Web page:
Serving size is one 4 ounce filet and ½ the mushrooms

Weight watchers 5 points


Serving suggestions: Serve with kale salad and fresh fruit.

Procuitto Halibut

What If We Realized that Food Security Is Homeland Security?

Food insecurity in our tiniest citizens.

Breastfeeding Medicine

I’m waiting for my flight home from the 1,000 Days U.S. Leadership Roundtable, a spectacular meeting that was held today at the Gates Foundation in Washington, DC. Stakeholders in nutrition and maternal-child health gathered to discuss how we can galvanize support for nutrition during the 1,000 days from conception to age 2. This is the time when our youngest citizens build their bodies and brains, laying the foundation for long-term health. Investing in optimal nutrition during these crucial days improves health and productivity across a lifetime.

For too many of our children, however, this foundation is fractured. Poverty, food insecurity, and commercial pressures prevent moms and babies from achieving their full potential. During the meeting, 1,000 Days executive director Lucy Sullivan shared daunting statistics about the challenges facing children in America. One in eight infants and toddlers in the US lives in deep poverty, defined as less than half the poverty…

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Food Confusion

food confusion

“What should I eat, Doc, to lose weight, reduce disease, avoid diabetes, reduce heart disease, and stay healthy?”

Every day I speak to women who are profoundly confused by the “expert” diet advice being promoted every time they turn around. Should I be a Paleo, a primate, a vegan, a vegetarian, a lacto-ovo-pescetarian or a fruitarian? Eat low carbohydrate, low-fat, high fat, high protein or low protein? Only eat organic? Only eat in the Mediterranean? Only eat in a box with a fox?

My answer is always the same, “Eat real food and less of it.”
My advice is a spin-off from journalist and author, Michael Pollan’s brilliant words of wisdom, “Eat food. Not too much. Mostly plants.”

Take this simple advice with you to the grocery store.
If it’s in a box, a can, or a bag then it probably isn’t real food. Would your grandmother have recognized it as food? Did it grow in or on the ground? Did it swim? Would a caveman know to eat it? Does the packaging have a label telling you how nutritious it is for you? Is the shelf life 2 years from the date of purchase? Is sugar the first ingredient and flour the second? These are obvious clues that it isn’t food. Just because you can ingest it does not mean that it is food.

Look at your pantry, your freezer, and your refrigerator.
Now throw out or at least acknowledge the non-food items. Awareness is half the battle. Children’s “snacks” are highly suspect. Why would you feed your child dyes, preservatives, fillers, and chemicals? Cut up an apple and sprinkle it with cinnamon, put out some carrot sticks, or make them a bowl of oatmeal with honey.

Shop the exterior aisles of any grocery store. That is where you will find the real food. Stop in the produce department first, wander by the meat counter and finish in the dairy case. I promise that on this path you will bypass the majority of expensive “trigger” non-foods. You’ll save money and calories. Here is a comprehensive article by Michael Pollan that will bring his advice into focus. It is also an in-depth explanation of the origins of the dietary confusion.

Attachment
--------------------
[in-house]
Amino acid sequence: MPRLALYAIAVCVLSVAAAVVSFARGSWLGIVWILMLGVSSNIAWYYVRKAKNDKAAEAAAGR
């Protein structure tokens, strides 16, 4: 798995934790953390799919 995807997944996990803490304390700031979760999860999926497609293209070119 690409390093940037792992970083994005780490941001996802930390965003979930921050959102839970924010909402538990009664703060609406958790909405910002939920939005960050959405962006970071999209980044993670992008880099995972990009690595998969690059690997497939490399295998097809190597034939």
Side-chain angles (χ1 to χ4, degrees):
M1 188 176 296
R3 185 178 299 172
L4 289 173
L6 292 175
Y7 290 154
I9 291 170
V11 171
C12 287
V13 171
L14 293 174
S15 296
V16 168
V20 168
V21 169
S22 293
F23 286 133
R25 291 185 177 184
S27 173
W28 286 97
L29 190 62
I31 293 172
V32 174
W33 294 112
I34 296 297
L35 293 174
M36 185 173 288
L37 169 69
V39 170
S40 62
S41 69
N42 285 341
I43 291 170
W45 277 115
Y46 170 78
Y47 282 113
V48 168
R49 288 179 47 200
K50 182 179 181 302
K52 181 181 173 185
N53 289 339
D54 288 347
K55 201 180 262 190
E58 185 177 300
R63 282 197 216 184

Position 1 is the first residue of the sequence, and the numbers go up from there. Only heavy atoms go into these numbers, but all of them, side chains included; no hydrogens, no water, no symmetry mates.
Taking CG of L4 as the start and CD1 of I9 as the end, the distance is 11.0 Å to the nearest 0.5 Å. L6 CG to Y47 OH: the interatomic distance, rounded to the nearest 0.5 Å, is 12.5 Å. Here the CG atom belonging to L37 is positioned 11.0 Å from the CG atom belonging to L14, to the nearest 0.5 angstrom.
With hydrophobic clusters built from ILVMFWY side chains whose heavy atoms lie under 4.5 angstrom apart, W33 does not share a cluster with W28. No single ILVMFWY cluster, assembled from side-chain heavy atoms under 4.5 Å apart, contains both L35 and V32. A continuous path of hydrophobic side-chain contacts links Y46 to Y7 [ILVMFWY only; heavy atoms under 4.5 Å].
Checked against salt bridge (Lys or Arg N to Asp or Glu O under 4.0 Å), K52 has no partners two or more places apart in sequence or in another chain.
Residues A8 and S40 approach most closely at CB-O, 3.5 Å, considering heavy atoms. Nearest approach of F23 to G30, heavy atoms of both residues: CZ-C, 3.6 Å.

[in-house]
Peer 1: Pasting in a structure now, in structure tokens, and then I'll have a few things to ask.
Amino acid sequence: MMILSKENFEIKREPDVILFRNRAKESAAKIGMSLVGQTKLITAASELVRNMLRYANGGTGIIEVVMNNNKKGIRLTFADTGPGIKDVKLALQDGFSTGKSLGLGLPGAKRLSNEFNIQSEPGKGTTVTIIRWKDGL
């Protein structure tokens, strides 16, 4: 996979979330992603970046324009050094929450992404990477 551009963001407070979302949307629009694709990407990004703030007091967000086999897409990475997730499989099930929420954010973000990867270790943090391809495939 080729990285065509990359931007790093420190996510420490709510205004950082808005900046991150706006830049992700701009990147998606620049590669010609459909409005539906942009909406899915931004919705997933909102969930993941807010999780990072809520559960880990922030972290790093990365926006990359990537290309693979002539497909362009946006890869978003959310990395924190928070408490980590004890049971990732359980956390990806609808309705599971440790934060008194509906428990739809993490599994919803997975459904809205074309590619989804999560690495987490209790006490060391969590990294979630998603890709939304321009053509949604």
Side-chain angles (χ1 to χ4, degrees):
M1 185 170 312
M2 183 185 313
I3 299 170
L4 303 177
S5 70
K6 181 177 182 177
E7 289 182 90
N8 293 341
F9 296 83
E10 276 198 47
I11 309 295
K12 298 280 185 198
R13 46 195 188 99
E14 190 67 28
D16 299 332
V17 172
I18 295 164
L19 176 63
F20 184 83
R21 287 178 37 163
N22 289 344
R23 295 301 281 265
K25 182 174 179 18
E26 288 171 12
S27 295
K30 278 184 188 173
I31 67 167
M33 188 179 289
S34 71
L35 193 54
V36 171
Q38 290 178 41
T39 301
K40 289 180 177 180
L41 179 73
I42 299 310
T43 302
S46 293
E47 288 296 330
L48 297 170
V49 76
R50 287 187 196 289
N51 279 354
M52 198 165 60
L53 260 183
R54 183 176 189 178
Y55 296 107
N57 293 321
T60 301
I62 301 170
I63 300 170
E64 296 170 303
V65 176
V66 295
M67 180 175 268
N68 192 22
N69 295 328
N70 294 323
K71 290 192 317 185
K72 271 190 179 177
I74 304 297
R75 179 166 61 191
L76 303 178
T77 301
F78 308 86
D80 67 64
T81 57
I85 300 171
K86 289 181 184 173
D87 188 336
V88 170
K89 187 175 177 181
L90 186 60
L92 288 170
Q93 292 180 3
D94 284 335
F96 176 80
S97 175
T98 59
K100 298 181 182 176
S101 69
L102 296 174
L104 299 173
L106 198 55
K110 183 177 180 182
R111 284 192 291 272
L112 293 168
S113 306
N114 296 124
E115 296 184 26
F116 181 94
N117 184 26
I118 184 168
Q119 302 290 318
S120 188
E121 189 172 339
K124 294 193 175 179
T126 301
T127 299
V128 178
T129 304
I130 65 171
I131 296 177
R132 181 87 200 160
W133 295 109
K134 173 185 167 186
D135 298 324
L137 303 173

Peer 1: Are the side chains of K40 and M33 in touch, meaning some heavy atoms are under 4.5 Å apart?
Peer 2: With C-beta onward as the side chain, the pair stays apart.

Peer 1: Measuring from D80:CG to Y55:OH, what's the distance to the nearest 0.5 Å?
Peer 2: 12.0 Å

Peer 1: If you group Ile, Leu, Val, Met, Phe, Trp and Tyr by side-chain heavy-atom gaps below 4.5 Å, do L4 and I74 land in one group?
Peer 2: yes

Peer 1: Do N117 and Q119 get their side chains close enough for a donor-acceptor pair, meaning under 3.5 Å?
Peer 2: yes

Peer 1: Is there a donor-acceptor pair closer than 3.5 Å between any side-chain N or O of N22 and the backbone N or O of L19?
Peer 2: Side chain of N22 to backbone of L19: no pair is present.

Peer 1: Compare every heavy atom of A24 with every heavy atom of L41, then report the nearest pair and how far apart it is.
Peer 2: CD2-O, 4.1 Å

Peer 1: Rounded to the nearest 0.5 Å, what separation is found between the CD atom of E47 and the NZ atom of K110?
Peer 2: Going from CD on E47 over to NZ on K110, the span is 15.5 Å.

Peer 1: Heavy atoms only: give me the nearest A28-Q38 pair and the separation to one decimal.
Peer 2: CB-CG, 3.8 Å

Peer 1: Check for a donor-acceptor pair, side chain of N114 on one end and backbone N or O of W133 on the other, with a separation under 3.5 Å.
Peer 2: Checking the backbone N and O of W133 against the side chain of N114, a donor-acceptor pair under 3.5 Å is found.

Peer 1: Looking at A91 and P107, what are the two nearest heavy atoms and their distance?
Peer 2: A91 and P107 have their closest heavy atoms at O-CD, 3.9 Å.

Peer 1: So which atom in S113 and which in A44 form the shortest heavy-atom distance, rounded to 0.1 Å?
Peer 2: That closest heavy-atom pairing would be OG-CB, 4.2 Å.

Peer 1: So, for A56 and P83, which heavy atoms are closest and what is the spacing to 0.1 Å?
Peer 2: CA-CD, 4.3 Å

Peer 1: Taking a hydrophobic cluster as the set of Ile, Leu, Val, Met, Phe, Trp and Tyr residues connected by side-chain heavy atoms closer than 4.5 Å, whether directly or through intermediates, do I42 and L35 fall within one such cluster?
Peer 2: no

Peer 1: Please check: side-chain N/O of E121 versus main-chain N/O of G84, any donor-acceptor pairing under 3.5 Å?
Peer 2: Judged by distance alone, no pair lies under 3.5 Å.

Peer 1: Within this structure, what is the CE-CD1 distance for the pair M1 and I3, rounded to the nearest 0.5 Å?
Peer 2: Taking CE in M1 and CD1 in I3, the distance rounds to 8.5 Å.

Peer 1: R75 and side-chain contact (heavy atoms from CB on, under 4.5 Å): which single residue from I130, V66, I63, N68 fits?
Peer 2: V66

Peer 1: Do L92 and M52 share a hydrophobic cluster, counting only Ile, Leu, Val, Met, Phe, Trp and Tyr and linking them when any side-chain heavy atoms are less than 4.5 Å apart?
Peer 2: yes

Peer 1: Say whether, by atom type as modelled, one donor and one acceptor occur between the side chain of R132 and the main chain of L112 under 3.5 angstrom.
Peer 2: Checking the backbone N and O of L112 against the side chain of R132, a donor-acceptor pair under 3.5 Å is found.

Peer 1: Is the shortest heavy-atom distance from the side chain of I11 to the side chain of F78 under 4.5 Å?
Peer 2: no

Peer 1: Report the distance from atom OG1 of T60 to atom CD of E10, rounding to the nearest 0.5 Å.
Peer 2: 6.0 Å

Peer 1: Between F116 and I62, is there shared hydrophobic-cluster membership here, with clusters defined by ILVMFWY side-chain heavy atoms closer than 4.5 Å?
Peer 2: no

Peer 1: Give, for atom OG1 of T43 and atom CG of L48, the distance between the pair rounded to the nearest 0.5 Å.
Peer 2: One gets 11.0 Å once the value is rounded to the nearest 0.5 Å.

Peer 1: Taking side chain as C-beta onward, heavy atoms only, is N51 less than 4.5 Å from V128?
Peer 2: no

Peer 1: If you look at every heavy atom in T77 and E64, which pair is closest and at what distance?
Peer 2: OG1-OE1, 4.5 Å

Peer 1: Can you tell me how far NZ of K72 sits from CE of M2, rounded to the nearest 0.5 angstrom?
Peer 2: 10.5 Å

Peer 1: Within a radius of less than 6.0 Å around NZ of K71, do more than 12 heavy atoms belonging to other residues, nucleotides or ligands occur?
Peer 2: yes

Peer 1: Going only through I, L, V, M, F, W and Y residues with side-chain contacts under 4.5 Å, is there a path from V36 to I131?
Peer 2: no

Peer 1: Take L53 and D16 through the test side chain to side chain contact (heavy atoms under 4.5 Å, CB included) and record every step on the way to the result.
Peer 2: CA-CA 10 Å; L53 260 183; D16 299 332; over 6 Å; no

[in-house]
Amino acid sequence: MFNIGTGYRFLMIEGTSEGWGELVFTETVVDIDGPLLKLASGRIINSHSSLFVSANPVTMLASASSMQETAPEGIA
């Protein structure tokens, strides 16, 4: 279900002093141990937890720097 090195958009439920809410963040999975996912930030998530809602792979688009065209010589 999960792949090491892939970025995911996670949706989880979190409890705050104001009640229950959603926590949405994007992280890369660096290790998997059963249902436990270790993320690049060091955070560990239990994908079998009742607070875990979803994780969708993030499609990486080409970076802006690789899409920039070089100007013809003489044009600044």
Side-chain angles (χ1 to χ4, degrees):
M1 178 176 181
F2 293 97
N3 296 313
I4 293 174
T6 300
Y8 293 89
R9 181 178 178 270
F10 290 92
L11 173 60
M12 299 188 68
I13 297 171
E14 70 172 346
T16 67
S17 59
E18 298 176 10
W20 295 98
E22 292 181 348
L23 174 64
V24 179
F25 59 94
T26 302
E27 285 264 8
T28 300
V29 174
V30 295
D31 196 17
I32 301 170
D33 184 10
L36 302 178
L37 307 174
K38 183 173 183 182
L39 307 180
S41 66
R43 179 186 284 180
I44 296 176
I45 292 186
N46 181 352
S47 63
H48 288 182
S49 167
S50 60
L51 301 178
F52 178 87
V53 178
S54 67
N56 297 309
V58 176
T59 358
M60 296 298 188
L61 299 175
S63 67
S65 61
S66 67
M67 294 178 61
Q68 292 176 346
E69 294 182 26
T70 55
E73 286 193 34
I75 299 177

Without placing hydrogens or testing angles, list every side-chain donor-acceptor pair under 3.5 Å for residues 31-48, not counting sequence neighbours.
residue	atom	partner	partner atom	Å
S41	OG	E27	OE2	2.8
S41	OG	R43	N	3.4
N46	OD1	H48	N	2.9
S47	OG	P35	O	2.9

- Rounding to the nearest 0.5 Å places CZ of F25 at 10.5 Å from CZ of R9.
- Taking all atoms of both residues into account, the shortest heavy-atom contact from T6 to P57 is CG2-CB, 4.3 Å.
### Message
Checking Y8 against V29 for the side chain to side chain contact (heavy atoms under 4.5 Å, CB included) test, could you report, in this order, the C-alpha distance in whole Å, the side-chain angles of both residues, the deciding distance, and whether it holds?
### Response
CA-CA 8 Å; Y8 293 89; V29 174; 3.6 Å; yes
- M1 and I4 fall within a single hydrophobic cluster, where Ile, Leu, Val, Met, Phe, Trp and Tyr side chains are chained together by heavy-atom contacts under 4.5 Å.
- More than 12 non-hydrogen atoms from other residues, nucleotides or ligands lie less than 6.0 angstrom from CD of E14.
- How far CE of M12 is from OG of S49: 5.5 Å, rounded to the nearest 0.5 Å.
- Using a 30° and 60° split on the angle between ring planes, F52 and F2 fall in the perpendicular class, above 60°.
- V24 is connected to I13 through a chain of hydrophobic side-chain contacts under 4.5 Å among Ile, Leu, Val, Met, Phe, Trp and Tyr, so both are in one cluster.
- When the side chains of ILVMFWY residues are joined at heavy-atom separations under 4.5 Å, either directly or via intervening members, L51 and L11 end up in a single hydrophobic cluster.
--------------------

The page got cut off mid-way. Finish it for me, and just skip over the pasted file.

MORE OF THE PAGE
Take what you need and be well.

Unhappy Meals by Michael Pollan

Frozen Greek Yogurt Tiramisu Cups

Cooking inspiration comes in many forms. My tiramisu cups were inspired by Andrea at who made frozen yogurt blueberry cups. Check out her lovely inventive blog. Continue reading

The Caribbean cooking post that wasn’t

The Caribbean cooking post that never got off the ground


I was all prepared to write a colorful Caribbean, cooking in a miniature kitchen with fresh local produce while living on a sailboat post, but instead you must hear about my two days in the hospital. And no I do not expect you to feel sorry for me because that is not the point. I promise I will get to the point eventually. I was all packed with my kitchen essentials for cooking in a galley (minuscule) kitchen; think camp stove, a 2 inch counter top, ice box, dull knives, a small charcoal grill off the stern, hard tack and rum.
Classic camping on water scenario

How to pack for a sailing and cooking adventure

I threw in a few bathing suits, shorts, T-shirts and a passport, but that’s not the important stuff. For cooking I packed a small cutting board, a couple of homemade spice mixes and a TSA approved corkscrew (in case of pirates). I was forced to leave my favorite chef’s knife at home because we were traveling light with carry on baggage only. The possibility of seeing a checked baggage arriving after 5 flights, 3 countries and 2 airlines seemed remote. I had preordered a box of local tropical seasonal produce and a selection of whatever fish was available. I dreamed of creating a tropical salsa and grilled fish rubbed with a perfectly piquant jerk seasoning while watching my sons frolic in a sea kayak under a peach colored tropical sunset. Please take a moment to savor the photos that you will never see. I’ll wait. Nice, right? You’re welcome for that tropical moment.